At this stage I had a pair of jeans, a scarf, 3 pairs of leggings, a Polo handbag, a pair of Grey boots, a Lancome base primer, a bottle of Clinique Moisturiser, a black pencil skirt, a few Accessorize accessories, and the latest Justin Bieber fragrance (Someday) as a gift for my youngest daughter. I decided to just hit the till, pay, and get the hell out of there post-haste!

The frustration had only just begun!!!!

The queue at the only functioning counter was over 15 customers long and there were only 2 staff members on duty! I figured that the rest were all probably “on lunch”…..

I asked my daughter to retain my position in the queue while I carried on browsing. When I returned to her – 10 minutes later – the queue had not budged!! I approached the counter and asked yet another blatantly rude cashier if there was a problem. She snapped that the system was off-line. I told her that I intended spending my gift vouchers (as opposed to cash or credit card) and asked her if this would be in order. Without any eye-contact she snapped a barely inaudible “YES”.

I then rejoined my daughter in the queue (a lovely jacket added to my collection of intended purchases) and continued to wait. In the 20 minutes that followed, over 8 customers dumped their goods on the floor and simply walked out of the shop in fits of rage. Not a single staff member or customer services official attempted to defuse the situation nor explain the technological difficulties that the store was experiencing, or offer the customers some reassurance that they are indeed respected for their patience………..considering, after all, that the customers are the ones that actually pay their salaries!!!!!!!

The SECURITY GUARD eventually collected the mountain of clothing etc. from off the floor and deposited it behind the counter on an ever-growing pile. The staff mulling aimlessly about the counter simply watched this happen and continued their chaotic chatting, nose-picking and head-scratching with wild and carefree abandon.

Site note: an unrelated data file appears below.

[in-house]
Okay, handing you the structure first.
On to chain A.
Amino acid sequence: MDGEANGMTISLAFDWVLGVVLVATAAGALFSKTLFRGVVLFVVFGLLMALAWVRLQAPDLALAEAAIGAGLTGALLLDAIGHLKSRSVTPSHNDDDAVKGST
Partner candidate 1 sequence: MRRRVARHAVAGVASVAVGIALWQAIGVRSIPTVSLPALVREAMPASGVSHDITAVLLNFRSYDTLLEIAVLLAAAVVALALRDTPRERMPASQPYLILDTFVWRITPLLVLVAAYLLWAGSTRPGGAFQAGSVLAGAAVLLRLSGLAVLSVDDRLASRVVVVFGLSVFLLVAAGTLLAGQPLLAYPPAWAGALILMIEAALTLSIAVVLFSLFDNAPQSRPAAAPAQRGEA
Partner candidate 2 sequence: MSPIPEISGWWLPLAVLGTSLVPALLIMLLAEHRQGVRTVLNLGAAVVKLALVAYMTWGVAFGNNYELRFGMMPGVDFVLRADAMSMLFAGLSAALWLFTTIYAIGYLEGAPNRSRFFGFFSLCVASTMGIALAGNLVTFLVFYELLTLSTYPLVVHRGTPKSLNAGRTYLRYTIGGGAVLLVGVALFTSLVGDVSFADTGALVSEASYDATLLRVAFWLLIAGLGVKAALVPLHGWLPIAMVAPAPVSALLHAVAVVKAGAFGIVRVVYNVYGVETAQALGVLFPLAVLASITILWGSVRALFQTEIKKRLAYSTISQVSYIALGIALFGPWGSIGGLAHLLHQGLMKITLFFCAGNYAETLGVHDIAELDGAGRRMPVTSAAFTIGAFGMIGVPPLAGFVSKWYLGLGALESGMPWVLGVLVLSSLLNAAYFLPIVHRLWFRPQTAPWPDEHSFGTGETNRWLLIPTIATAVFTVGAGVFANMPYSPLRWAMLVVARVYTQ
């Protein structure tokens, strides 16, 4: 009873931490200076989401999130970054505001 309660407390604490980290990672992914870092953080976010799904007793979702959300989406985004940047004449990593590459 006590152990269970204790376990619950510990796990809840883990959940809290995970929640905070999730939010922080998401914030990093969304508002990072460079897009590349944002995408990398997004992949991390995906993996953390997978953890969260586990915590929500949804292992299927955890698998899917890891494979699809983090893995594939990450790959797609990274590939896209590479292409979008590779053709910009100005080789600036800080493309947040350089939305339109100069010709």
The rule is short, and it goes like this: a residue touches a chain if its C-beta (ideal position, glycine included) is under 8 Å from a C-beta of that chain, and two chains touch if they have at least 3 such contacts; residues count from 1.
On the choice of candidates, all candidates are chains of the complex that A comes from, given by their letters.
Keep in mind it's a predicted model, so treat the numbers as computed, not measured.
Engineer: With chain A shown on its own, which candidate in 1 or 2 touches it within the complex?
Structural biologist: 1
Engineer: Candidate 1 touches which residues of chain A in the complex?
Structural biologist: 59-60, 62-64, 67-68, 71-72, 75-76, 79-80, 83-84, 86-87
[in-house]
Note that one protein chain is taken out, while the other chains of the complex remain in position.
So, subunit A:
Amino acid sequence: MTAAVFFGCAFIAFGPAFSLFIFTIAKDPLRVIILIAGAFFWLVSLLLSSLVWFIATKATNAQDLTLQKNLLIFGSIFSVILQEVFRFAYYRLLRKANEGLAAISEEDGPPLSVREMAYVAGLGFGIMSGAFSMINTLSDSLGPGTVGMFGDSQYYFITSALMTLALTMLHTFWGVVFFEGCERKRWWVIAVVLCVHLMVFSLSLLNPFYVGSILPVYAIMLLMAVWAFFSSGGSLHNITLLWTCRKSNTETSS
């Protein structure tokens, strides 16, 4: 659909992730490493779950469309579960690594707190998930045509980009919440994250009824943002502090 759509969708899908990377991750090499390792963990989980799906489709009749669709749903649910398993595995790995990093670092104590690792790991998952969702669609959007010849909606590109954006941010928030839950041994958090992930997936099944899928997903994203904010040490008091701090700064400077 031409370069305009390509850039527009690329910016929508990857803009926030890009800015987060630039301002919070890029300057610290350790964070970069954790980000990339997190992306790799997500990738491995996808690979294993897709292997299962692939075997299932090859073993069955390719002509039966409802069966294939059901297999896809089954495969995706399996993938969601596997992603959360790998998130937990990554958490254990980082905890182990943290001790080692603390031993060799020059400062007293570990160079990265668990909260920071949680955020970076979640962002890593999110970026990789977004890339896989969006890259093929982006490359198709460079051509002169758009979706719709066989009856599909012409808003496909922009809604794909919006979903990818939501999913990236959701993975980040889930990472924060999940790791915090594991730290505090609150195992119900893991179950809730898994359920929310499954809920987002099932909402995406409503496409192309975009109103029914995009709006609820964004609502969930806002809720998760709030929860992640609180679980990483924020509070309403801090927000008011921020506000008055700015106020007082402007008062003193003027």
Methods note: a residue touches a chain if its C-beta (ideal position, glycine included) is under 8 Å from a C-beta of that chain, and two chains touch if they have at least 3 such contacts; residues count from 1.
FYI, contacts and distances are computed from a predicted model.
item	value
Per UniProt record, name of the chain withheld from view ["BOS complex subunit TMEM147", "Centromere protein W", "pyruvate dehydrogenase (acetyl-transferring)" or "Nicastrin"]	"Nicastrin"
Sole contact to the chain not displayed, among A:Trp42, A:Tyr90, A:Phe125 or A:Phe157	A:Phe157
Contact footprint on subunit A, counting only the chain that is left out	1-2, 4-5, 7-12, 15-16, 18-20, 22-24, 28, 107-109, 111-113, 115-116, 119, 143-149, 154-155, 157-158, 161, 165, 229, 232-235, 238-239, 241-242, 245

15 minutes later I reached the counter and was greeting with something that resembled a Buffalo in it’s final throes of life. She proceeded to scan all the items, fold them, and set them aside for parceling.

At this stage I opened my bag, retrieved my wallet, and removed the 4 gift voucher cards for – well naturally – payment.

She stopped in mid-scan of an item and said “You can’t use those, we are off-line!”.

JOY OF BLOODY JOYS!! After I had asked the question and was told that I could, this was the final straw.

To avoid reducing myself to the level of a raving medusa, I simply returned the cards to my wallet, returned my wallet to my bag and made my way to the exit with the echo of my blood boiling in my head.

I have been a loyal and avid Edgars customer for over 20 years and, other than the fact that I have no birthday gifts to enjoy yet, I feel that I will, in future, struggle to find good enough reason to shop at Edgars without compromising my mental and physical health.

Proactive damage control is now in your best interest.

Yours faithfully

Gillian Soames (Mrs)
S-ICiBS
URBAN INSURANCE BROKERS (PTY) LTD.

Tel. (W) +27 (11) 789 6870/1
Fax. (W) +27 (11) 789 5394 / 0865 318 612
Cellular +27 (82) 398 2017
Email gillian@urbanbrokers.co.za
Authorised Financial Service Provider FSP No. 21017

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Nelson Mandela and Black People ….

We are driving home from school yesterday and Connor tells me about the theme they are doing at school. It’s all about Mandela and how things were pre-1994 and how things have improved/changed for people of colour since then.

Georgia goes: “Apartheid was when rainbow children went to a rainbow school, black children went to a black school and white children went to a white school…”  It would be nice if it was that simple, but yes, that was one of the things that was in place pre-1994.

Connor started asking me what I thought when Mandela was released.

I said – quite honestly – that at the time I did not really know who he was.  I knew he had been in jail, I knew that there had been a lot of jostling and negotiating to Release Mandela, but further than that, I really knew little about who Nelson Mandela was.  I did not even realise we had “apartheid” going on. Of course I never stopped to think where the black/coloured people went after the sun went down.